LAWRENCE — Down just 60 votes out of 15,190 cast Tuesday, a shaken but characteristically defiant Mayor William Lantigua yesterday began laying the groundwork for a recount while stopping short of demanding one.
The process began at 9 a.m., just 14 hours after the polls closed, when lawyers for Lantigua and for challenger Daniel Rivera arrived at the Election Division in the basement of City Hall to pour through 54 affidavits filed by voters whose ballots were set aside Tuesday because their names could not be found in the voter rolls or because of a discrepancy in the records.
As their work stretched past noon, Rivera arrived with about 100 supporters and a throng of Boston media at Campagnone Common across from City Hall, where the two-term city councilor reclaimed victory and promised to fight any challenge to his fragile and still unofficial margin of victory.
Rivera — leading Lantigua by four-tenths of 1 percent — also took a first step toward forming an administration by announcing he would begin naming his transition team today.
“We fought for every vote,” Rivera told his supporters at the rally outside City Hall, speaking within easy earshot of Lantigua's third-floor corner office. “We'll protect every vote. And we'll make sure this election does not get stolen.”
The 54 provisional ballots alone would not be enough to reverse Tuesday's result, but they could whittle Rivera's tiny margin and place Lantigua within striking distance as absentee ballots still in the mail arrive at City Hall.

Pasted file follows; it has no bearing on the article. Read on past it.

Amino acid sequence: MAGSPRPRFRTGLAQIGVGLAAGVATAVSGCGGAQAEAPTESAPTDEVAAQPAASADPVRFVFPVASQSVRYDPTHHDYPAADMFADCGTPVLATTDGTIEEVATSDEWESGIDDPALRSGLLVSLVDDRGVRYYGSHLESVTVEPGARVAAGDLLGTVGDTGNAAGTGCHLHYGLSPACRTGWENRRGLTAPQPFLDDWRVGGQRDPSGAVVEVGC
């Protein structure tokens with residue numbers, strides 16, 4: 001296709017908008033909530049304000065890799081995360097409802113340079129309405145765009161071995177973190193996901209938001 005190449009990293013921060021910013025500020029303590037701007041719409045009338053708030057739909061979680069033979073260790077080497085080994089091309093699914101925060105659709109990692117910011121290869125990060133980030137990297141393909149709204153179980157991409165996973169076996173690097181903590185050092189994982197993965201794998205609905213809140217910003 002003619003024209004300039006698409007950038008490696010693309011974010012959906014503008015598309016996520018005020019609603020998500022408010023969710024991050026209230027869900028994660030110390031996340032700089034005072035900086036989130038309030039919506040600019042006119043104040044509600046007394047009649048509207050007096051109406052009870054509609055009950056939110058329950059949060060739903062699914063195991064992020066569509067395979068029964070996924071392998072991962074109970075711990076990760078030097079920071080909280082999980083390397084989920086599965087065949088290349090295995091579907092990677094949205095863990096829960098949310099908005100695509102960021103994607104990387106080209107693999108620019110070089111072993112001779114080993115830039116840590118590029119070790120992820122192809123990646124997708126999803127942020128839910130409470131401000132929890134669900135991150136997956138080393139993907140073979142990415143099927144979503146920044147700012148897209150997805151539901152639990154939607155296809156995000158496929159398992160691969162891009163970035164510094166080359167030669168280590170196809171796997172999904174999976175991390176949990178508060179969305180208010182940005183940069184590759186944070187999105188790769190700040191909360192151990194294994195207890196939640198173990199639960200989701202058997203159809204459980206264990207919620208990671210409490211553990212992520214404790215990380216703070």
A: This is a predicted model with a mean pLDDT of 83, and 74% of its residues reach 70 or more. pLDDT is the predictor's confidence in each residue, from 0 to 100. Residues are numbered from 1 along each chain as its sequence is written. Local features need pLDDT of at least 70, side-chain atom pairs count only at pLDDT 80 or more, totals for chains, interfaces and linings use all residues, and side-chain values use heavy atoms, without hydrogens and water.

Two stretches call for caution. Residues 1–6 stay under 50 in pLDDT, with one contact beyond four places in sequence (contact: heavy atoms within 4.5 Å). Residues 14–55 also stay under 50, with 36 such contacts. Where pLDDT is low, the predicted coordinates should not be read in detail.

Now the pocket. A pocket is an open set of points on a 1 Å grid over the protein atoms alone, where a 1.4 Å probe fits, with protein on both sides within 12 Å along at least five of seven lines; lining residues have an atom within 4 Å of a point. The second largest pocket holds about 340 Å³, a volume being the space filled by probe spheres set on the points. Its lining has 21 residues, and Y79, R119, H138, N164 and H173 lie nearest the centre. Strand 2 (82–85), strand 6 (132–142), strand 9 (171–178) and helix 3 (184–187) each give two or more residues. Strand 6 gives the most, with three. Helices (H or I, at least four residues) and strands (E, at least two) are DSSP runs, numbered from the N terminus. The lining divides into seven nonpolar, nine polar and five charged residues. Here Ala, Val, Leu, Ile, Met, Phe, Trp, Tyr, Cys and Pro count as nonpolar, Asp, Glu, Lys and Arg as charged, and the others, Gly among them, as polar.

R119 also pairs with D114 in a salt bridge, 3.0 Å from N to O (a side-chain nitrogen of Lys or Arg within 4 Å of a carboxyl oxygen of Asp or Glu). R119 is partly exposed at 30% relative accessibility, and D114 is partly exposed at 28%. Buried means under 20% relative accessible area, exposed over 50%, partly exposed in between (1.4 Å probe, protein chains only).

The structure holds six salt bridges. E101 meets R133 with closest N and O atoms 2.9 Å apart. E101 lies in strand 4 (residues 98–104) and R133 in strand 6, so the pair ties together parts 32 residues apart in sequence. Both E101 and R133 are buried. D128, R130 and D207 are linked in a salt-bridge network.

Absentee ballots postmarked by Tuesday and mailed from oversees have until Nov. 15 to arrive, although the deadline for ballots mailed within the United States is several days shorter, City Attorney Charles Boddy said. There is no estimate for how many absentee ballots may be in the mail.
There's also a third wild card that could help tip the election: voters whose eligibility was challenged Tuesday even though they were on the rolls were allowed to cast their ballots and see them counted, but the ballots could be discounted if Lantigua demands a recount. The challenged ballots were marked before they were fed to scanners at the polling places but were not otherwise recorded, so their number will remain unknown unless a recount occurs.